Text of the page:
I'm looking forward to getting to know you better...

Why not stay around a while first,and read some great info ,on the main board,there are great videos to watch too..

Just look for the green square pinned threads..on our main page...post here as often as you want ..someone will be here to listen ..

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Welcome aboard Jon.

 

You have a lot on your plate right now, but fortunately quitting smoking is very doable.  You want to be free and that freedom is attainable with a singular commitment: never smoke again.  It's that simple.  The choice is yours.

 

First things first, the phrase "I just can't quit"...get rid of that.  That phrase becomes a self-fulfilling prophecy.  If you tell yourself you can't, you likely won't.  You can quit.  Absolutely, positively, without a doubt, you can quit.

 

Quitting is a simple matter, you simply refrain from putting things in your mouth and setting them on fire.  Add to that education about nicotine addiction, dispelling the myths and lies we conditioned ourselves to believe about cigarettes, and you've laid a rock-solid foundation for a smokefree life.

 

Fully commit to this process and the process will reward you in ways you never foresaw.

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Read and learn NOPE. 

Read more and practice NOPE.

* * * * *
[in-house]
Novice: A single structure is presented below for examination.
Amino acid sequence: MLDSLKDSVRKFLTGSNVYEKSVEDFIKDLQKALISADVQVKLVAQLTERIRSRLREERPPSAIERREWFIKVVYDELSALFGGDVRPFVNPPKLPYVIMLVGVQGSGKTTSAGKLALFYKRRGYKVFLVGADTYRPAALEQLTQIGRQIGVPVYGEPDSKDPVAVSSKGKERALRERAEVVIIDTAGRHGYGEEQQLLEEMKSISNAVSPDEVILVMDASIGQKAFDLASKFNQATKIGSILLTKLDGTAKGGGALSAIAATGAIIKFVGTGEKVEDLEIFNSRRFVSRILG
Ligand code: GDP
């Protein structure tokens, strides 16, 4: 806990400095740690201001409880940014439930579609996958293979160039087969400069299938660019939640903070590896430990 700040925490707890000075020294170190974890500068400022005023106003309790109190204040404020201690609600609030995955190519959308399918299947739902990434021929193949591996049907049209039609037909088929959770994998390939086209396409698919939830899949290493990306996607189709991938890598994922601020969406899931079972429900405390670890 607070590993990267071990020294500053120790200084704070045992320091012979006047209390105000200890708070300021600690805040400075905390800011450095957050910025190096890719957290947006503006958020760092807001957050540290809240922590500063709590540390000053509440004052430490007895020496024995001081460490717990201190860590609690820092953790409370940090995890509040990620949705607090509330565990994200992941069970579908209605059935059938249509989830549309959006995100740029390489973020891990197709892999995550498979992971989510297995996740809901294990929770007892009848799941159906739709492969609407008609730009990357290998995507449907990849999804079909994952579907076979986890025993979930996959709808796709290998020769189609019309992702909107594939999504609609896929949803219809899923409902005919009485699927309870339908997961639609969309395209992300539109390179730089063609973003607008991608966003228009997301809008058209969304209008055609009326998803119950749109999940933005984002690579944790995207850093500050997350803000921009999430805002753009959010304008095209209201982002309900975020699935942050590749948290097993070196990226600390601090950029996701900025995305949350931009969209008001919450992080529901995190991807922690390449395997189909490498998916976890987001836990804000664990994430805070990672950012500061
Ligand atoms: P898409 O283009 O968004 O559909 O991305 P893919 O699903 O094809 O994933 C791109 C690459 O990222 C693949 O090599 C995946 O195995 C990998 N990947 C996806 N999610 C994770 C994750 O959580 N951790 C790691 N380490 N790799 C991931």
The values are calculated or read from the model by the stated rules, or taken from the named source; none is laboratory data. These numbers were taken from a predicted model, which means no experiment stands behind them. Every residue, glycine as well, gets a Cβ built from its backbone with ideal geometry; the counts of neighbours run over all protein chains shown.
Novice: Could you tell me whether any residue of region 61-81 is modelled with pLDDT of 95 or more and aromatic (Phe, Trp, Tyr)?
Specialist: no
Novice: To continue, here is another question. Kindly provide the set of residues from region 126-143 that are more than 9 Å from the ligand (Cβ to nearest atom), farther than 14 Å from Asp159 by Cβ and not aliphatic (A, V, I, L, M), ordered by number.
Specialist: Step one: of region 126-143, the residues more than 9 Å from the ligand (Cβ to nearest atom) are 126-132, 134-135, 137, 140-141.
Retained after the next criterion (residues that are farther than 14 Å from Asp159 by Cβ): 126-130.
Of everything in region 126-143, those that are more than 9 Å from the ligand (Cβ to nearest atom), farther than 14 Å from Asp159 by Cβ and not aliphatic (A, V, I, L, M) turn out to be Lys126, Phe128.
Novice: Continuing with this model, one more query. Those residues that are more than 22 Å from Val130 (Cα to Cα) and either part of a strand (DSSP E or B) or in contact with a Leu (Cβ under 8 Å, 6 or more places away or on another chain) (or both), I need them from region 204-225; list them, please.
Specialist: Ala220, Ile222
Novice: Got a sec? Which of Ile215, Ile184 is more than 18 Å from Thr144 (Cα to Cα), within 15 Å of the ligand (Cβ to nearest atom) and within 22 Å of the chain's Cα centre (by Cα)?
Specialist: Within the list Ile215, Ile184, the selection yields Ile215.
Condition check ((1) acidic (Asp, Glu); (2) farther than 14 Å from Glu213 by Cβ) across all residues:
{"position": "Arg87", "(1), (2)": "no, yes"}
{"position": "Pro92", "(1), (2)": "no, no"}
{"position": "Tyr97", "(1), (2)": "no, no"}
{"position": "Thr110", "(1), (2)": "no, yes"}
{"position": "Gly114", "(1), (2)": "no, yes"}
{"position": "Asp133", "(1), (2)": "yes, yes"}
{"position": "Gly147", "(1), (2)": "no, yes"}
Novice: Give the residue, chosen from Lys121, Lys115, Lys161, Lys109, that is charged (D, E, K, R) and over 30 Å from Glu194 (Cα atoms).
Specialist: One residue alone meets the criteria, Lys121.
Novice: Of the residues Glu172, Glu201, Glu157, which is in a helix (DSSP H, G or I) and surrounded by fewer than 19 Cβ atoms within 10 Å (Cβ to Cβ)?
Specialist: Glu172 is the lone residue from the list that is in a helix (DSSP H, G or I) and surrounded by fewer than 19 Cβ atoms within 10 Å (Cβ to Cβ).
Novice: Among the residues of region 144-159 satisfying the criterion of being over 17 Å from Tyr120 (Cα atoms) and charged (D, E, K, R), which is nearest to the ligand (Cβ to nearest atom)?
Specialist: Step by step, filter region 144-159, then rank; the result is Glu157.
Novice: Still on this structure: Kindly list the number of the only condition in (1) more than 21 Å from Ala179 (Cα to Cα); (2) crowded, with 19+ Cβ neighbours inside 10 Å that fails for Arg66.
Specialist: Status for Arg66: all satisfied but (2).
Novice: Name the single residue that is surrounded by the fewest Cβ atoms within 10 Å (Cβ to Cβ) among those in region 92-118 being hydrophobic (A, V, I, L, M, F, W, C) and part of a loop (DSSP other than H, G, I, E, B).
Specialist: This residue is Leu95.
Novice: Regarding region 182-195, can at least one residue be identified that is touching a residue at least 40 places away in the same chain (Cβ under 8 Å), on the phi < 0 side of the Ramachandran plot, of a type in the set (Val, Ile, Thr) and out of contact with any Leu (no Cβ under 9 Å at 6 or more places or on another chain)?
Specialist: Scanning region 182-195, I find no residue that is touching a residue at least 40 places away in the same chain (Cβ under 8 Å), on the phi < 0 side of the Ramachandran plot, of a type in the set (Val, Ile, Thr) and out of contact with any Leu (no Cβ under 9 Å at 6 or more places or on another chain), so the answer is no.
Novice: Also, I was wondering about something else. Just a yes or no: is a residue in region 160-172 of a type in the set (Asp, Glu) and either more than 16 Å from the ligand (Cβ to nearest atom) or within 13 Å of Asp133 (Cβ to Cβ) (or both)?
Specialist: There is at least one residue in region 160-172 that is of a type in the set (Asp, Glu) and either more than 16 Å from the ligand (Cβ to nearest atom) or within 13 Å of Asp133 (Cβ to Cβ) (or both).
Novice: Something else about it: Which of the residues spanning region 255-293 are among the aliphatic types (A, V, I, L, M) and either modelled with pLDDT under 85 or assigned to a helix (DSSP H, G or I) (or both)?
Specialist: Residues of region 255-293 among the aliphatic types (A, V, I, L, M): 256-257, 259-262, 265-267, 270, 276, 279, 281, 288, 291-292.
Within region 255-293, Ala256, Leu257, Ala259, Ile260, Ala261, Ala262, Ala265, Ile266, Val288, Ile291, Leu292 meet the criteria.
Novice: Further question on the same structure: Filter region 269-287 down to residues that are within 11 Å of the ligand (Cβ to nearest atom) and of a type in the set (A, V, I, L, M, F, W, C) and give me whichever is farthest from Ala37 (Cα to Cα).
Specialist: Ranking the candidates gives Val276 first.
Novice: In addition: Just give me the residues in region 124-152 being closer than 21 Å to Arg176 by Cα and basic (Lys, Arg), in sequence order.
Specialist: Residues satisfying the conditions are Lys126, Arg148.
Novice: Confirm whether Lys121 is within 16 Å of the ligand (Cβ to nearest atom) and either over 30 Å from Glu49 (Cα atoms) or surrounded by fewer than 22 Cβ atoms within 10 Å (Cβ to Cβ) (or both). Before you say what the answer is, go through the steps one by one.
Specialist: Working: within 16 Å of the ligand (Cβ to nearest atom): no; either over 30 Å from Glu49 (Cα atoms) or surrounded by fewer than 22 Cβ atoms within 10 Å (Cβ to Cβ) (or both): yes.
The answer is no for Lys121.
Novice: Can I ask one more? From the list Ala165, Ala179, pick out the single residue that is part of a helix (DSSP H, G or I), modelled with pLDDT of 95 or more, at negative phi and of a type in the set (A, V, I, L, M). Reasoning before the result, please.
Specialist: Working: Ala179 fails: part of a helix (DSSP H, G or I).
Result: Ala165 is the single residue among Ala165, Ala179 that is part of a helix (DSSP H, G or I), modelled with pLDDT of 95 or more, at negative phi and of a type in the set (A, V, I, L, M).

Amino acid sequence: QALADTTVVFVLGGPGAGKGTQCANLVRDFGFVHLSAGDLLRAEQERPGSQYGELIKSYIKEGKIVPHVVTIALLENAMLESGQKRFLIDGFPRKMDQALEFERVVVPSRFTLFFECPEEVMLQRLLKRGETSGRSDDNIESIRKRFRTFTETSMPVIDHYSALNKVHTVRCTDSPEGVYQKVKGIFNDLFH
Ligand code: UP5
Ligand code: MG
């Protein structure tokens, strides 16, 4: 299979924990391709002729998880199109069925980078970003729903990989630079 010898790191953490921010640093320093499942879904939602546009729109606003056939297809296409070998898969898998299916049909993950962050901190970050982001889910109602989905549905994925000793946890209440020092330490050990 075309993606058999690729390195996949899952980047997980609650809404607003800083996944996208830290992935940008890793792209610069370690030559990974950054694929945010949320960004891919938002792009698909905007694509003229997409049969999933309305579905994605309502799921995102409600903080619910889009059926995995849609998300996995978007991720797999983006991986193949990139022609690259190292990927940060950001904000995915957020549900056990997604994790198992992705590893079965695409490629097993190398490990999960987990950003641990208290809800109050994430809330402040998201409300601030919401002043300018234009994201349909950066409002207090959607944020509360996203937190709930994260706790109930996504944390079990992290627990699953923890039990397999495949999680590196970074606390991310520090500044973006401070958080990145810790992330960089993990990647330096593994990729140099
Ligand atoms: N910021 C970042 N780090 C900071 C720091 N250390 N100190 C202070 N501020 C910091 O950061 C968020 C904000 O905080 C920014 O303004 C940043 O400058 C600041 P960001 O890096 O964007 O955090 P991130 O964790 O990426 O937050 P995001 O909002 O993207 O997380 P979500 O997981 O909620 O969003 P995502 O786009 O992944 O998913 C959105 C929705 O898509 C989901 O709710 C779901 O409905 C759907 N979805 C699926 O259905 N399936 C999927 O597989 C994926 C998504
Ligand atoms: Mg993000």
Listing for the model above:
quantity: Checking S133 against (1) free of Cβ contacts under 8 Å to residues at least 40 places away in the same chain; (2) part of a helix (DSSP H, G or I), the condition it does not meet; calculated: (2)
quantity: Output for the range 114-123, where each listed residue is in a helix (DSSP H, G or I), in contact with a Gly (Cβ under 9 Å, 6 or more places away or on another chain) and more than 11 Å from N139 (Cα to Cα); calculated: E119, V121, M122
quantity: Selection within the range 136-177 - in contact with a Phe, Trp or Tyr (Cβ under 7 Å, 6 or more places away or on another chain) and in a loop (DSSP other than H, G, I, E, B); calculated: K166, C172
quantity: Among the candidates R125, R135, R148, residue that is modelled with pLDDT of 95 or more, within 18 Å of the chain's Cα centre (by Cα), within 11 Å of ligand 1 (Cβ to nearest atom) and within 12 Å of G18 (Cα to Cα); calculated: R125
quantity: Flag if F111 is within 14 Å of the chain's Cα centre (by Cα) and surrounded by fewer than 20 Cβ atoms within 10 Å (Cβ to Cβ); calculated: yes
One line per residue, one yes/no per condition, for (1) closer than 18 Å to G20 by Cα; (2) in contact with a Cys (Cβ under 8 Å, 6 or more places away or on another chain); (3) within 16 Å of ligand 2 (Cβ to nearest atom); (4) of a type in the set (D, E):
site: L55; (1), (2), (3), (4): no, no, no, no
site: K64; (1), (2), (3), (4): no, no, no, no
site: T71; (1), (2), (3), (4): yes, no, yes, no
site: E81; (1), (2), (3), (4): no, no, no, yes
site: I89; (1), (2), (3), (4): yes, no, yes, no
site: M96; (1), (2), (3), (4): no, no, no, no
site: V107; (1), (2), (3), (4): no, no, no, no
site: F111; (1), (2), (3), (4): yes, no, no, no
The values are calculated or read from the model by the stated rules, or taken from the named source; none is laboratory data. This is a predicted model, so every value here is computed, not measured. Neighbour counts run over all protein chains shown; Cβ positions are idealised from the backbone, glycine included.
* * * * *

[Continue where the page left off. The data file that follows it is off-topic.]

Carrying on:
You know cold turkey works....so do it.

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You have received some great advice already Jon. Welcome to the forum. And even though you are not from the country I live in, I want to thank you for your service. It's so important to all of us to have a strong military!

 

I would agree that you need to get your PTSD addressed first and foremost. A clear mind will be an asset in navigating through the early part of your quit. You have quit before so you KNOW it's doable. Please do read all you can and watch as many of the Joel videos as you can too. Understanding this addiction and how it works is a critical component in not only quitting but staying quit long term.

 

You used the term "abstinence" earl on in your introduction. That is what you've been doing in earlier quits .... abstaining, not really quitting! You have not really taken smoking off the table as an option in your life. You still believe that smoking has and will do something good for you, which is not at all true when you really examine and understand what smoking is and how the addiction works in fooling us into believing it's our friend; our crutch in day to day life. That's where the education comes in Jon. Once you finally and truly understand just what smoking is, you will WANT to turn your back on this evil addiction. You will be happy to be rid of it :)

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Welcome John....   I learned early, as you probably also did, that there is no i in team....   great that you use 'I will'... but remember the last word...   will!  

 

You are right.... you made it through afghanistan then you can also do this....   the board will be here, as the info is also here.  Use Joel's video's till you can repeat them word for word.

Take care and safe hugs... J

 

 

 

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Hope your PTSD treatment goes well Jon.

 

I too woke up in absolute panic attacks due to breathing issues on a near nightly basis.  Quitting smoking completely turned that around.  I'm healthier than ever and my lung capacity feels limitless.  You can do this Jon.  A new you awaits.